From the Quotation of the day mailing list, 2008-06-23:
"Frank Capra's 1946 film It's a Wonderful Life is the American Film Institute's pick for the most inspirational American movie of all time. Set in the fictional New York town of Bedford Falls, the story's grand narrative is about the wondrous gift of human life, but its less lofty plotline is hardly much less grand. It's about the travails of George Bailey and Bailey Brothers' Building & Loan, an institution that is an inseparable part of a stable, prosperous and above all virtuous community, as Capra makes clear by contrast with the evil fat-cat banker, Mr. Potter. At the film's climax, George Bailey's Bedford Falls neighbors and customers merge into a single society, grateful, generous and all pulling together in the face of adversity.
"In an America just emerging from the cauldron of the Great Depression and the Second World War, no one needed to point out to viewers what a building and loan was or why it meant so much to many small and mid-sized American communities. Everyone understood that thrift was socially constructive, for through the accumulation of individual savings everyone benefited from rising prosperity, better education and hope for a brighter future. What war bonds had been for national security, thrift and home-building institutions were for family security. The social capital created through thrift institutions limited social polarization and marginalized the depredations of greed, so the real small towns of America never decayed into Pottervilles. This wasn't just sentimental bunkum from Hollywood; in 1946, this was as real as a social fact could be."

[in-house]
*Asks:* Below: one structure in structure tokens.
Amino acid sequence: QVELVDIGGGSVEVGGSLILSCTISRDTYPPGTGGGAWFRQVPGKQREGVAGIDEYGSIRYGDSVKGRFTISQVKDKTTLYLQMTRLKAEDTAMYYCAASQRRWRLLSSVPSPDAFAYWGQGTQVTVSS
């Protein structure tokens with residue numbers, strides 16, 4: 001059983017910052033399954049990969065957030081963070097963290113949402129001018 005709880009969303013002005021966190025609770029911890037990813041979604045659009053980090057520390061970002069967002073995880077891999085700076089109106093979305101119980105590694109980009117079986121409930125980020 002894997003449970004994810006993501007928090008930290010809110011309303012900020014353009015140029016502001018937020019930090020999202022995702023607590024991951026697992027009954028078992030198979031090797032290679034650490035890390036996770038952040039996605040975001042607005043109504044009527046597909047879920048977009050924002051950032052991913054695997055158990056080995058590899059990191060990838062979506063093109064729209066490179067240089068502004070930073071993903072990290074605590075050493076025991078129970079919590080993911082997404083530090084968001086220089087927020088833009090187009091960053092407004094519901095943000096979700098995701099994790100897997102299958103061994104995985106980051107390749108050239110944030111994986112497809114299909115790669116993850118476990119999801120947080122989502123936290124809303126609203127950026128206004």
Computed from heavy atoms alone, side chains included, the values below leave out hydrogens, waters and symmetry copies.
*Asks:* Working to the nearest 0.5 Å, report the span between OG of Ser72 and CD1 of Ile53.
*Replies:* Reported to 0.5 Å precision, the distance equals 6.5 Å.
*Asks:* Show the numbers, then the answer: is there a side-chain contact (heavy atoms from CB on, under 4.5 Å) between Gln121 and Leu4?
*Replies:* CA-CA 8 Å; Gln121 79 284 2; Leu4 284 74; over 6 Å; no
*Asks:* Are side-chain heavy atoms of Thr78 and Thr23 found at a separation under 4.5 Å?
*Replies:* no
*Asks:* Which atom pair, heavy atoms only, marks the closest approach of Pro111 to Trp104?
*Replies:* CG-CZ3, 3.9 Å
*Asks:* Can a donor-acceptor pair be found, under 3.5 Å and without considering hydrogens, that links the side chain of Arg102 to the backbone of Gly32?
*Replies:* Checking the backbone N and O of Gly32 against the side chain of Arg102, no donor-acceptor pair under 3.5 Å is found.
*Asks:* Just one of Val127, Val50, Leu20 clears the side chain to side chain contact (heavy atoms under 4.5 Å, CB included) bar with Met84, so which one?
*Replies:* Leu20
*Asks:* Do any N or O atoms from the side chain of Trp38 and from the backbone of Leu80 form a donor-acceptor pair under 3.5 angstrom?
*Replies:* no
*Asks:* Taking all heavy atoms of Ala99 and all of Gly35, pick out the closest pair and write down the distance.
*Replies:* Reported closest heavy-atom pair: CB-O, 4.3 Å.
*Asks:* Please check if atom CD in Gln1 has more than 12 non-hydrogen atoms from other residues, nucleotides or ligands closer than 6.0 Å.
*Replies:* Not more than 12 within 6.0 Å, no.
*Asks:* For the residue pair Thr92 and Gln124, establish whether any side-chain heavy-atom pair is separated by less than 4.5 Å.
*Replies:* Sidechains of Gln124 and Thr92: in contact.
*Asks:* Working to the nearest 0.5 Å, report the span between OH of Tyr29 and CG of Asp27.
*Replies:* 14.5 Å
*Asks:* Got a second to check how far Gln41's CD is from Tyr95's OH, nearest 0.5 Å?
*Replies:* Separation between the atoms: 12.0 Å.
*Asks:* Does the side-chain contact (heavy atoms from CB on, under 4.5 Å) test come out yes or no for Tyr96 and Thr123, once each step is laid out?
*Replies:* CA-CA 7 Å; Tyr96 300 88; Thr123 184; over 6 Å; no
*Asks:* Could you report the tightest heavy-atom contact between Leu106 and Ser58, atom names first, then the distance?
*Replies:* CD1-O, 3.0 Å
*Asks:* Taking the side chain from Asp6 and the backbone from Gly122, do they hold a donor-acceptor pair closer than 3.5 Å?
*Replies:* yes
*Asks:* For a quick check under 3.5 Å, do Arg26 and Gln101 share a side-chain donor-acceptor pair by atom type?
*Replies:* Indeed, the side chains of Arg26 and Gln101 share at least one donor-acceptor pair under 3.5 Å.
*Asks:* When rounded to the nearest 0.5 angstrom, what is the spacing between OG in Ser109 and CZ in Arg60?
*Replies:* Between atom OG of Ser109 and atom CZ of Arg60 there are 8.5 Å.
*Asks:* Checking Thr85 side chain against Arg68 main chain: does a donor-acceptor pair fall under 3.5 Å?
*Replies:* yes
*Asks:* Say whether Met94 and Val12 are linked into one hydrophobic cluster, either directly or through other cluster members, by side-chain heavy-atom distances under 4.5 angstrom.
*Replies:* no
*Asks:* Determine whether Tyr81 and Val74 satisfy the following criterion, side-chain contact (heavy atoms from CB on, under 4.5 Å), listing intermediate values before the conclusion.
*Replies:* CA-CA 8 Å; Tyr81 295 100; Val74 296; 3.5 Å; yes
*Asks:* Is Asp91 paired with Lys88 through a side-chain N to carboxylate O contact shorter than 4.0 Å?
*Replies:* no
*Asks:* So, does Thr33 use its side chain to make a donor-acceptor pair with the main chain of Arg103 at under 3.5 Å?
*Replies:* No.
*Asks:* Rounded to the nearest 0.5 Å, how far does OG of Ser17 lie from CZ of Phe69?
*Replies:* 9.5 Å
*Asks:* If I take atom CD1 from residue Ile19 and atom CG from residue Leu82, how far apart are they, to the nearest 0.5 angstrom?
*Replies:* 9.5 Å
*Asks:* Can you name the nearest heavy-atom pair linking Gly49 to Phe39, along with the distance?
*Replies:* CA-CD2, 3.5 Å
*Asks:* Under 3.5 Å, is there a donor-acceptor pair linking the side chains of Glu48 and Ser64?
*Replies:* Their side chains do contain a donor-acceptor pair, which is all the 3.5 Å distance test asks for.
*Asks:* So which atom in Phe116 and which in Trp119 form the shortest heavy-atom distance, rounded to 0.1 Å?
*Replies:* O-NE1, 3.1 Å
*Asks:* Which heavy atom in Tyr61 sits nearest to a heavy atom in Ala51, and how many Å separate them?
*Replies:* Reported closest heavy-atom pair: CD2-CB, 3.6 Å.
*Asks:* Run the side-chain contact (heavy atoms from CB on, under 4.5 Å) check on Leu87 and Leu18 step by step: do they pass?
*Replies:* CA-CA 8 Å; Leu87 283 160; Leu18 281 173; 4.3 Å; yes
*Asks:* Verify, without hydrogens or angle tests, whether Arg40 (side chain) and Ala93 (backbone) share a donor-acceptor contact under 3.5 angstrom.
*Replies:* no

-- Barbara Dafoe Whitehead, from A Nation In Debt: How we killed thrift, enthroned loan sharks and undermined American prosperity.
(submitted to the mailing list by Kathleen Magone)